New Trust Laws in Massachusetts

By LUCY J. BUDMAN, ESQ.

Q.  I have heard that major changes in Massachusetts Trust Law were underway. Is that true? 

A.   Yes, you heard it right. After many decades under the old laws, Massachusetts passed a completely overhauled probate law that went into effect at the beginning of April. Now, in July, the new Massachusetts Uniform Trust Code is here and tackles Trusts also!

On Sunday, July 8th, the Governor signed a new law passing the Massachusetts Uniform Trust Code (MUTC). This law is effective immediately. The new law applies to all Massachusetts Trusts with only limited exceptions, whenever they were created. At Curley Law Firm, we have been following the implementation of the new law to help guide our clients who have Trusts or are thinking about Trusts as to how the new law impacts them.

The new law significantly overhauls how Trusts (revocable, irrevocable and testamentary) work in Massachusetts. If you are the Trustee of a Trust, the new law also creates serious new fiduciary duties. If you are acting as a Trustee you can be held personally liable for getting it wrong. Working with an expert Attorney helps the creator of a Trust protect themselves and their families and helps protect Trustees from accidentally breaching their fiduciary duties.

The law is complex and the full impact of some of the provisions is still not completely clear, but below are a two key changes that may apply to you if you have a trust or are acting as a Trustee:

  1. Trustees now have a duty to keep all Trust beneficiaries informed. That includes providing all beneficiaries with the name and address of the Trustee within 30 days of being appointed and providing annual accountings to current beneficiary who have not specifically waived the right. If you are the Trustee of a Trust, it is critical to make sure you are in compliance with your duties. We work closely with our Trustee clients to make sure they have all the tools they need to fulfill their responsibilities; and
  2. Trust modification has become easier. In many cases, if all the interested parties in an Irrevocable Trust agree, the Trust can be changed without special Probate Court intervention. For families who wish to change existing Irrevocable Trusts, the MUTC is intended to make the process more straightforward.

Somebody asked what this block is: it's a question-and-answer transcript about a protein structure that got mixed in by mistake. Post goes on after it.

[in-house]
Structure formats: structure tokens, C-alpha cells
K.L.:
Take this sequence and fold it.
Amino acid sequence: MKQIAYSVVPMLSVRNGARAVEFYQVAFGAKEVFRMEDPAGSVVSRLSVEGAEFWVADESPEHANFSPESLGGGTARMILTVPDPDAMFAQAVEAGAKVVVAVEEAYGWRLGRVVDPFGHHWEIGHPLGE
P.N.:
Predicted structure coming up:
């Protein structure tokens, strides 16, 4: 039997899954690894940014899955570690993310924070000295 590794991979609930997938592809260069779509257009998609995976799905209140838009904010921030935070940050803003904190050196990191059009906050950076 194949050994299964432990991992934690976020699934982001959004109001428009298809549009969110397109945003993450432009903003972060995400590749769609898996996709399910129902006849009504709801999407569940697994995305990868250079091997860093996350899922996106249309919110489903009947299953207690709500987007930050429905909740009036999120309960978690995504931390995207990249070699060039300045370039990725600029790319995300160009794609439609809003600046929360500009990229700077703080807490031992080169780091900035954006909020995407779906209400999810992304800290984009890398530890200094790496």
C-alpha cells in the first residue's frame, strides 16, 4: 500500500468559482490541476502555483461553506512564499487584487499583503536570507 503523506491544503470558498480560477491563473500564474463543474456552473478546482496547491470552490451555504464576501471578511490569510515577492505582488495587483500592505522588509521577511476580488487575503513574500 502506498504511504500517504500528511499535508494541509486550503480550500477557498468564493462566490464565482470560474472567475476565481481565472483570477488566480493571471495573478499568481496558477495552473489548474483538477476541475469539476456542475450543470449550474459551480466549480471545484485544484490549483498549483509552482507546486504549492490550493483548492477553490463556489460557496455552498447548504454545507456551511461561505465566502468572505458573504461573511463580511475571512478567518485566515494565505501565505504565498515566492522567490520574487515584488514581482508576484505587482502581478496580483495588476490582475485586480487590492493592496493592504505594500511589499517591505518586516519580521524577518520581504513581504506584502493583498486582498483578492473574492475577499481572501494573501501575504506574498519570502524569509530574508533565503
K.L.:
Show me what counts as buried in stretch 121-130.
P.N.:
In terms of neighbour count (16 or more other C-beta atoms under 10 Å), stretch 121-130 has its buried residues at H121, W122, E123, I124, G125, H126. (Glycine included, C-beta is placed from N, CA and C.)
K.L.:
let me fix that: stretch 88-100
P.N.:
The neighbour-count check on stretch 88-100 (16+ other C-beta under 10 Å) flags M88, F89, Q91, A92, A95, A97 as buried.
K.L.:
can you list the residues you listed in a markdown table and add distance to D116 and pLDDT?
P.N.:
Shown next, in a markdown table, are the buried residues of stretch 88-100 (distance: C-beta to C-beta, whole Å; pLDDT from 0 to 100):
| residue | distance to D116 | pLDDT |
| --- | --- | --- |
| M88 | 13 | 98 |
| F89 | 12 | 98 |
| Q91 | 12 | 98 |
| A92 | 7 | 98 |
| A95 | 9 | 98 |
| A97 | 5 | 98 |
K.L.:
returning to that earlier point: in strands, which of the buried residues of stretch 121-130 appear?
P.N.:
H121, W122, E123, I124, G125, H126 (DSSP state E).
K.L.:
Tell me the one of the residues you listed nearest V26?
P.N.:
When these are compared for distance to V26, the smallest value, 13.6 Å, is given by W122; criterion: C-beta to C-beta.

The new law carries a number of fixes for issues raised under the Massachusetts Uniform Probate Code (MUPC) which went into effect in April.  Two important issues that will apply to many of our clients include:

  1. Clarifying that so called ‘informal’ personal representatives will be able to sell real estate without a license if they are acting under a will with a power of sale. Previously, title insurance companies refused to give clean title without a formally appointed personal representative or a license to sell) ; and
  2. A new fee schedule. Fees for many types of probate court transactions are increasing. For many of our clients, the fees and time delays of the probate court are a reason to plan to avoid probate.

A well drafted Trust can protect you and your family from everything from probate to taxes, creditors and long term care costs, depending on your planning goals, but without planning with an expert, you may find that your Trust has unintended consequences under the new law.

Be sure that your attorney understands the ins and outs of the new Uniform Trust Code and can advise you about how to plan with a Trust for you and your family or how to carry out your duties as a Trustee.

(Lucy J. Budman is a Certified Elder Law Attorney and holds a Masters of Law in Taxation.  She practices law at Curley Law Firm LLP at 1 Common Street in Wakefield.  Do you have an Elder Law or Estate Planning question?  E-mail questions to Info@CurleyLawFirm.com to be considered for future columns)

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Contact Us!

Do you have an Elder Law or Estate Planning question? E-mail questions to Info@CurleyLawFirm.com or call 781.245.2222 x10 to be considered for future columns).

About Curley Law Firm LLP

Serving clients throughout Massachusetts, Curley Law Firm LLP draws upon more than four decades of combined Estate Planning and Elder Law experience to ensure that you can achieve your planning goals.

Attorneys Patrick Curley and Lucy Budman are two of fewer than two dozen Certified Elder Law Attorneys (CELA) in Massachusetts. Attorney Mark Curley has practiced in the areas of Estate Planning and Elder Law for over three decades.

The value of working with a firm with CELAs on the team is the peace of mind you receive - knowing that you will get the very best advice available to protect yourself, your family and your assets. A CELA is a recognized expert in legal matters dealing with Estate Planning and Elder Law including Trusts, Wills, Asset Protection against Medicaid and nursing home costs, Medicaid (MassHealth) benefits planning and applications, Probate and Trust administration, Guardianship and Conservatorship, and VA benefits planning.

At a time when many lawyers claim to practice "elder law", having a CELA-led team working on your planning means having one of the very few experts in the Commonwealth on YOUR team.

For experienced representation and quality service from attorneys who will help you achieve your planning goals, please schedule a confidential Initial Consultation by calling us at (866) 406-8582 or visit our website at www.CurleyLawfirm.com

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